The natural inclination is to start wide and drill down, which results in a lot of longish introductory talks. The new person is barely going to remember any of it. Don't waste your time on the history of the project, the high-level architecture, etc, etc.

Pair them up with an experienced person to work on a single problem. Provide just-in-time explanations of the context of what is being worked on. As you do so, teach them to fish by showing them where to find historical/contextual information. People learn best when they build their understanding from a kernel. People do not retain much up-front "scaffolding" information.

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I like to do the following:

  • Give a demo of the system
  • Give a high level overview, with accompanying flowcharts/designs
  • Give the developer a more detailed explanation of one particular area.
  • Give them some work (easy work) in that area.
    Fixing some bugs is a great way to do this.

Once they're familiar with that area, you expand it out, and start giving them small features etc.

The main point of all of this is for them to familiarize themselves with the product, and environment.

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What kind of time frame would you assign to each of your bullets? –  Aidan Ryan Feb 27 '09 at 11:53
It depends on the product, and who i'm intrducing it to. Short though, 30 minutes max, otherwise it needs to be broken down into smaller sections. –  Bravax Feb 27 '09 at 11:59

I just start a new job in December, so this process is still fresh in my mind :).

Here are the questions I ran into:

What does this thing do?

  • What is the purpose of the application I'm working on?
  • Who are its target users and what problem(s) does it solve for them?
  • How do I use it?

How do I do my work?

  • What do we use for source control?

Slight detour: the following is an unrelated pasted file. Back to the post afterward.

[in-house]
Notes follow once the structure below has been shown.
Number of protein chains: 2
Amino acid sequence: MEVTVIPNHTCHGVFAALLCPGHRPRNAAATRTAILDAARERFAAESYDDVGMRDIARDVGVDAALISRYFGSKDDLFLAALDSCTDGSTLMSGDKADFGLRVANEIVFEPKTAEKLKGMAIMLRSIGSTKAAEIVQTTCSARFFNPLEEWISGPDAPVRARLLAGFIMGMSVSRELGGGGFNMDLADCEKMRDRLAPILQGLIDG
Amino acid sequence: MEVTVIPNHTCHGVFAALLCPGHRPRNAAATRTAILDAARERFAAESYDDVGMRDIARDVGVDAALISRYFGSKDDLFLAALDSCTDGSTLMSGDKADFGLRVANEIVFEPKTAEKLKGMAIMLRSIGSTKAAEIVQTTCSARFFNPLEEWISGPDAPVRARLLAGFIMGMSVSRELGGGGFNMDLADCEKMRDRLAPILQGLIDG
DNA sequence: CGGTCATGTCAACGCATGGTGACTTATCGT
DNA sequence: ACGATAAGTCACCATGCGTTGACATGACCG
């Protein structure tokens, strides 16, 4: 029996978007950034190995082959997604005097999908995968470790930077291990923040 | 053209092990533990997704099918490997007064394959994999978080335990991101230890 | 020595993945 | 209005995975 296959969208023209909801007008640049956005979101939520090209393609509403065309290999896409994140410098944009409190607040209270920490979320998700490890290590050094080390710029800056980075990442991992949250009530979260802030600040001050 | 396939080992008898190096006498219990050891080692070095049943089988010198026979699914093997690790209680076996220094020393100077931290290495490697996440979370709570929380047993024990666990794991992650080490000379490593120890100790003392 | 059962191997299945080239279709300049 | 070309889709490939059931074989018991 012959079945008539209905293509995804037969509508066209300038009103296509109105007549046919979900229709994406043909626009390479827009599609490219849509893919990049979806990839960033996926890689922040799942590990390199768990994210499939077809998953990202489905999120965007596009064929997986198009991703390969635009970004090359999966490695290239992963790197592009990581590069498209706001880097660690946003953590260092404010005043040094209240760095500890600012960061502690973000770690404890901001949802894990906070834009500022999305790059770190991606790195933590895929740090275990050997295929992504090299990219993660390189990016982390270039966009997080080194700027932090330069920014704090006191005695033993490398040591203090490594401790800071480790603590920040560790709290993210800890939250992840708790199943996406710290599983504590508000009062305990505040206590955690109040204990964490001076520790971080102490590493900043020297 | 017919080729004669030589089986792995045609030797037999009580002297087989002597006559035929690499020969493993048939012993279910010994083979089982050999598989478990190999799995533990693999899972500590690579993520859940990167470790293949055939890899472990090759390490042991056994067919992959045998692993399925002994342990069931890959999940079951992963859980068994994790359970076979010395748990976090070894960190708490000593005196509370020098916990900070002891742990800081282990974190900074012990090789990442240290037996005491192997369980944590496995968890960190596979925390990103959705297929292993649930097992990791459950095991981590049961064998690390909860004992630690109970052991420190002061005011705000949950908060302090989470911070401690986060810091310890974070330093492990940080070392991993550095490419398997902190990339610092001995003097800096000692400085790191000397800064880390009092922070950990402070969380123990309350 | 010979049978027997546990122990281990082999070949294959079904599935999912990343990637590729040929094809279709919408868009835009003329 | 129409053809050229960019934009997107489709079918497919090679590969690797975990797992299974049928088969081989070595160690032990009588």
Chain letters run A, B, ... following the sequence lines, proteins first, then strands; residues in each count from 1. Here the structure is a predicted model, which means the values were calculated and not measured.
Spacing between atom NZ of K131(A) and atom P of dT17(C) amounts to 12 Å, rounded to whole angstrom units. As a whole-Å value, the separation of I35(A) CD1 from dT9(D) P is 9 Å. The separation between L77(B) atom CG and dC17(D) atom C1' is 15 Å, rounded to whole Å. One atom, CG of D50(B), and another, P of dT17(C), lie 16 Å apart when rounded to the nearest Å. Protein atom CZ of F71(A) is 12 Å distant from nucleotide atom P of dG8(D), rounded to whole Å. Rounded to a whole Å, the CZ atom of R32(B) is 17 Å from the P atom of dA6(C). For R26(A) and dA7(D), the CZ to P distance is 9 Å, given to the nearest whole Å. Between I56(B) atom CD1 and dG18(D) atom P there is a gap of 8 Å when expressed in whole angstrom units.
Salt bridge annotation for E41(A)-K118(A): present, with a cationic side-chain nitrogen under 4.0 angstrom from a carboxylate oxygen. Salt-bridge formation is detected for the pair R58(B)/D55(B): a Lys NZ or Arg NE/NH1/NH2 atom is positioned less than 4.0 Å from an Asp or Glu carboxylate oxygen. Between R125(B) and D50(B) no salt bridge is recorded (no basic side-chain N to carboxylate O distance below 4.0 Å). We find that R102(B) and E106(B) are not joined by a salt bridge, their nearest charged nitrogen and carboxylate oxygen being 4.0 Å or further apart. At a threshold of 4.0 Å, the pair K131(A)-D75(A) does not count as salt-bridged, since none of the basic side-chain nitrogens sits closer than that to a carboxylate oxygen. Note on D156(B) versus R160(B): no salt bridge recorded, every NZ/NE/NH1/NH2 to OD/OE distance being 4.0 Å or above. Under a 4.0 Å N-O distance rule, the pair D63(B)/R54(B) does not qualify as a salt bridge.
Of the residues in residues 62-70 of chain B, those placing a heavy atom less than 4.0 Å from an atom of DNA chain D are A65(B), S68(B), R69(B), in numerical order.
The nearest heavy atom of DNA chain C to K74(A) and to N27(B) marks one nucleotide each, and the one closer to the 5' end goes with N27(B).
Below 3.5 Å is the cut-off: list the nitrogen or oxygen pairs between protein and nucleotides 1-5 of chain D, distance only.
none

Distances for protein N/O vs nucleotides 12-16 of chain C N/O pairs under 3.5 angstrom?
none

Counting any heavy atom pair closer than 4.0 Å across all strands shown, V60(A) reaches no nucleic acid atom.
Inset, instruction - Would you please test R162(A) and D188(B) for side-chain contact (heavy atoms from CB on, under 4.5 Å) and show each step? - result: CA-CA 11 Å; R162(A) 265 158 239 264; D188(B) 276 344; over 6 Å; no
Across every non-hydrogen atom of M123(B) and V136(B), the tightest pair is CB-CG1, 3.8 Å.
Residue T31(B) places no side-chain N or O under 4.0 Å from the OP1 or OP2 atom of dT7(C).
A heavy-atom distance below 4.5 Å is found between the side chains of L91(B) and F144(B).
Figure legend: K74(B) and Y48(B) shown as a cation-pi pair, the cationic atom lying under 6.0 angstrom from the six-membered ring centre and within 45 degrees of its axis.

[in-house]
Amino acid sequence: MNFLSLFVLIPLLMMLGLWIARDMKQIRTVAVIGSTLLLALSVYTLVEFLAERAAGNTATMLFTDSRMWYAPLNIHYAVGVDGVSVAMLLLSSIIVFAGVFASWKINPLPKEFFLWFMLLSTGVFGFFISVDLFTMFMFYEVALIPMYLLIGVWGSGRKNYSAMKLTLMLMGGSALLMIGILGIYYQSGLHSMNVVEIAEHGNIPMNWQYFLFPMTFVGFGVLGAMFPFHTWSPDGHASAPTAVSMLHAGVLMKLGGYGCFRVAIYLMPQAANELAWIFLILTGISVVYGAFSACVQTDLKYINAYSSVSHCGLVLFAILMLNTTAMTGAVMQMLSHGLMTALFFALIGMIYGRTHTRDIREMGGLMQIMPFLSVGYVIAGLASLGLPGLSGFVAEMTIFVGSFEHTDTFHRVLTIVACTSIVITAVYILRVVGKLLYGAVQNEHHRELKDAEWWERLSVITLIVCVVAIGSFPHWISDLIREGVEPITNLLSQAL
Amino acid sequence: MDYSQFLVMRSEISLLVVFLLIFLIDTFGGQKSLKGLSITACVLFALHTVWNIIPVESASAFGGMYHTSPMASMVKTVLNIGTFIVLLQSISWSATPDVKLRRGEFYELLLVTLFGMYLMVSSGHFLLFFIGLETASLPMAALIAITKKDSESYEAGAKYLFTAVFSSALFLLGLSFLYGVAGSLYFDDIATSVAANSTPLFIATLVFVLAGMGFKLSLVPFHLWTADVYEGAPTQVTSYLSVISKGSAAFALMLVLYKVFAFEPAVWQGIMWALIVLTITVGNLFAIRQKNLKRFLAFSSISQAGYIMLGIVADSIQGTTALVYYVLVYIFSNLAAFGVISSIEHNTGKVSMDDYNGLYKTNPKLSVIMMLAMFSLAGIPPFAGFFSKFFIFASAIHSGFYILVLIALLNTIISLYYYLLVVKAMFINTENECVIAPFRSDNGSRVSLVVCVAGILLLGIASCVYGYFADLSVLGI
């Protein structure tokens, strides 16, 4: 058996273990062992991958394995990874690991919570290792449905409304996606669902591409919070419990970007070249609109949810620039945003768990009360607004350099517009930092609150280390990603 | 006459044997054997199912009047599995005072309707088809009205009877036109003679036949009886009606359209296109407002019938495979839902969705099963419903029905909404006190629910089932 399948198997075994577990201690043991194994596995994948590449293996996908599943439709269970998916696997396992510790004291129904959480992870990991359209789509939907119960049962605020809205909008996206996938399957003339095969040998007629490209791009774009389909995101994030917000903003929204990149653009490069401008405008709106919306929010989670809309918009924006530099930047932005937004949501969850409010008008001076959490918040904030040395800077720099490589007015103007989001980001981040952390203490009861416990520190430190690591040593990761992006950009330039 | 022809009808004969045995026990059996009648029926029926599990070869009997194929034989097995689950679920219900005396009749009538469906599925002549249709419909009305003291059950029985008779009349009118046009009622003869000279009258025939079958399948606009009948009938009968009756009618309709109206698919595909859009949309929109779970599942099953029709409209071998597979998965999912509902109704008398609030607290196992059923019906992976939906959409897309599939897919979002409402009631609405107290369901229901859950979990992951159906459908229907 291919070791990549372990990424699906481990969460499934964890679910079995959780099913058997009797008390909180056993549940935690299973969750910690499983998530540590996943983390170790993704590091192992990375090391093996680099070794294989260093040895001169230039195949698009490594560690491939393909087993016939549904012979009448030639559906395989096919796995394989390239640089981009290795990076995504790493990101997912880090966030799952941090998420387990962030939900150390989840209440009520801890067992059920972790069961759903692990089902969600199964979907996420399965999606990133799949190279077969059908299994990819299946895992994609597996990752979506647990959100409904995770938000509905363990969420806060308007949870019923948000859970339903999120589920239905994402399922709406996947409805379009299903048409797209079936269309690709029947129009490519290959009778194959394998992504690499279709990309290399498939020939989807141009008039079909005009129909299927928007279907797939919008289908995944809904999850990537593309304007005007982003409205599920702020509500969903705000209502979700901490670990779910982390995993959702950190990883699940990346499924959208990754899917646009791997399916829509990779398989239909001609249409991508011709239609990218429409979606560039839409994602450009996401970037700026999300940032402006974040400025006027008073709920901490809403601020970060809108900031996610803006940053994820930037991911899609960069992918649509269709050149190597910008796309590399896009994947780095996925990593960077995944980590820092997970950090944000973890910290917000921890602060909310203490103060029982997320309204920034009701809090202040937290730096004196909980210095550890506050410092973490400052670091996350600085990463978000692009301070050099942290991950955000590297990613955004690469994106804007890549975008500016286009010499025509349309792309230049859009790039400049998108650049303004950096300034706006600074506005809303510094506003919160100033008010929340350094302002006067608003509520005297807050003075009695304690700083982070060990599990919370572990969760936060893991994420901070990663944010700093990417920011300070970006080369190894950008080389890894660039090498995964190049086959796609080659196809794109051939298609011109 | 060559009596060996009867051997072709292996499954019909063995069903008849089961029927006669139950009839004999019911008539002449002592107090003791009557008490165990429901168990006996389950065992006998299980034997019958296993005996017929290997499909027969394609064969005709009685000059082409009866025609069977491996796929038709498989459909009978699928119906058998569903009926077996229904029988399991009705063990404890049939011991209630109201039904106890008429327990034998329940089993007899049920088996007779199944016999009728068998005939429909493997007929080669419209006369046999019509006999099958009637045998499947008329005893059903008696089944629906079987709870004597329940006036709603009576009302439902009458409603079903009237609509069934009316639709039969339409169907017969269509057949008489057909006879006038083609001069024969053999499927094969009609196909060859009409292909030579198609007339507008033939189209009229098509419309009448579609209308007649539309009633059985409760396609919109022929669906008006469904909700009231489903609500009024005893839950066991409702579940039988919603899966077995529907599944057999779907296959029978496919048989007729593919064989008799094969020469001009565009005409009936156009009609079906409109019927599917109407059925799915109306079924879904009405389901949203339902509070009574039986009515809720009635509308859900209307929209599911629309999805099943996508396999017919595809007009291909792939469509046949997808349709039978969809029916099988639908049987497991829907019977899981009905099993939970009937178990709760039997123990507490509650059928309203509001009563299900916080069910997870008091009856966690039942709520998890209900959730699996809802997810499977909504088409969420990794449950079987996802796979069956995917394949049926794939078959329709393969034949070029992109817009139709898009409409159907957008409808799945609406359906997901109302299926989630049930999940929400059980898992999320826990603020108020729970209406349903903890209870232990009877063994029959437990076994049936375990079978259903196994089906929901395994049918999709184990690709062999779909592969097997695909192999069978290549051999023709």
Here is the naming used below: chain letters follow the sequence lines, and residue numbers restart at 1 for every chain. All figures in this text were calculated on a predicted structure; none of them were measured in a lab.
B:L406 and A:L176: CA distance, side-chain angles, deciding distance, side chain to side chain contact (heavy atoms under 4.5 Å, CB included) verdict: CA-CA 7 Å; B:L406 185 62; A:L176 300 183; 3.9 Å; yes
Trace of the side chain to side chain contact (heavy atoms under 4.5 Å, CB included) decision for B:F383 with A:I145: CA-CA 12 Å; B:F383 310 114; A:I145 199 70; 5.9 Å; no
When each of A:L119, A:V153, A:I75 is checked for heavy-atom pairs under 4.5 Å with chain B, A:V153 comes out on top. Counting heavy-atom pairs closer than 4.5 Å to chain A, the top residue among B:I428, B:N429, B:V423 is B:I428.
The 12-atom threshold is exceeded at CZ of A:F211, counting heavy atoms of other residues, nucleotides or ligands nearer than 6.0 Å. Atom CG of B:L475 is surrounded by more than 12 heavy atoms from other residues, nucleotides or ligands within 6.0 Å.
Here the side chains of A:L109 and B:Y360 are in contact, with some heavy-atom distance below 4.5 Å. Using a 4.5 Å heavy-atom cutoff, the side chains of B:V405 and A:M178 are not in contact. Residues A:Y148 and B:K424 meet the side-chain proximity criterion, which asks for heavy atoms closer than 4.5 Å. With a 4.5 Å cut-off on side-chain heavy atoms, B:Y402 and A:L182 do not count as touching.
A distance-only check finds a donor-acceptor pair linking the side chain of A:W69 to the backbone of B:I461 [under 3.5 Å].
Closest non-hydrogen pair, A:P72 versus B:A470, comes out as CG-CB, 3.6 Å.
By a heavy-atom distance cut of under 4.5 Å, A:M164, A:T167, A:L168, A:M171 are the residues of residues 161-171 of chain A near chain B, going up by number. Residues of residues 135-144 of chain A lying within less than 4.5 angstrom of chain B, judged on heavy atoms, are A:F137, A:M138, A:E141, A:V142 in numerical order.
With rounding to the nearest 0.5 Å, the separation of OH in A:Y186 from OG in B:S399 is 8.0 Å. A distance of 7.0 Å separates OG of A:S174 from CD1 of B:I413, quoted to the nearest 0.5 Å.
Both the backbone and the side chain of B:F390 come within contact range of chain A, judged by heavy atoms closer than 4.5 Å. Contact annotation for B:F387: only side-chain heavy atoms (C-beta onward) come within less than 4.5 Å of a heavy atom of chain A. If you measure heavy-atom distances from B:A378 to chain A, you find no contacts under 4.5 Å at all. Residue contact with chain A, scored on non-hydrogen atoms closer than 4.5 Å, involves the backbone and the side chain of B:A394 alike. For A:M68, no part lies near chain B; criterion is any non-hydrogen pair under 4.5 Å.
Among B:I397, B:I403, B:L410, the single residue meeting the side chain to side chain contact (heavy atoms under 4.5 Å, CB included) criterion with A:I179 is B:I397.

• What do we use for bug tracking?
  • Who will I be interacting with on a day to day basis? (other developers, QA, documentation, etc)
  • Are there any other tools or processes I need to know about?

How do I build it?

  • Where do I find the source code I need in Source Control?
  • What steps do I need to take to get this thing built? (ideally, it should be one step but it almost never is!)

What is all of this stuff?

  • What's the high level overview of the system architecture? (nothing too detailed, just a very basic description of the major players)
  • How is the directory structure of the source code set up? What goes where?

Once all of these questions are answered, I'm ready for work to begin!

The best way to get up to speed on a new code base is to work on well defined, isolated tasks that are structured in a way that I get gradually exposed to more and more components. Also, it's crucial to have people available to answer my questions at all times in case I get stuck or need more information.

My experience here has been great so far, here's the order of things I've worked on:

  1. Fix a couple of minor bugs
  2. Redesign two different dialog boxes that were horribly designed
  3. Write sample code to interact with the product's COM API
  4. Write a brand new module from the ground up and then integrate it into the product
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Are there any in-house tools that have been created using the same platform as the main project? If so a good introduction to the platform would be to get the new person to do some improvements to the tools that you have wanted for a while.

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When I get on an existing project I find it easier to get into it if:

  • Someone shows me the application working, explaining what it is supposed to do, what is done, and answer my initial questions.

  • I get good documentation so I can find out the basics of the project on my own.

  • I have someone available to answer any of my questions as they come along.

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  • Give them the required KT for a day or two.
  • Get reverse presentation
  • Ask them to fix bugs for a couple of


Put the new joinee as a backup resource to a module. Gradually depending on the confidence he shows, ask him to start main core work.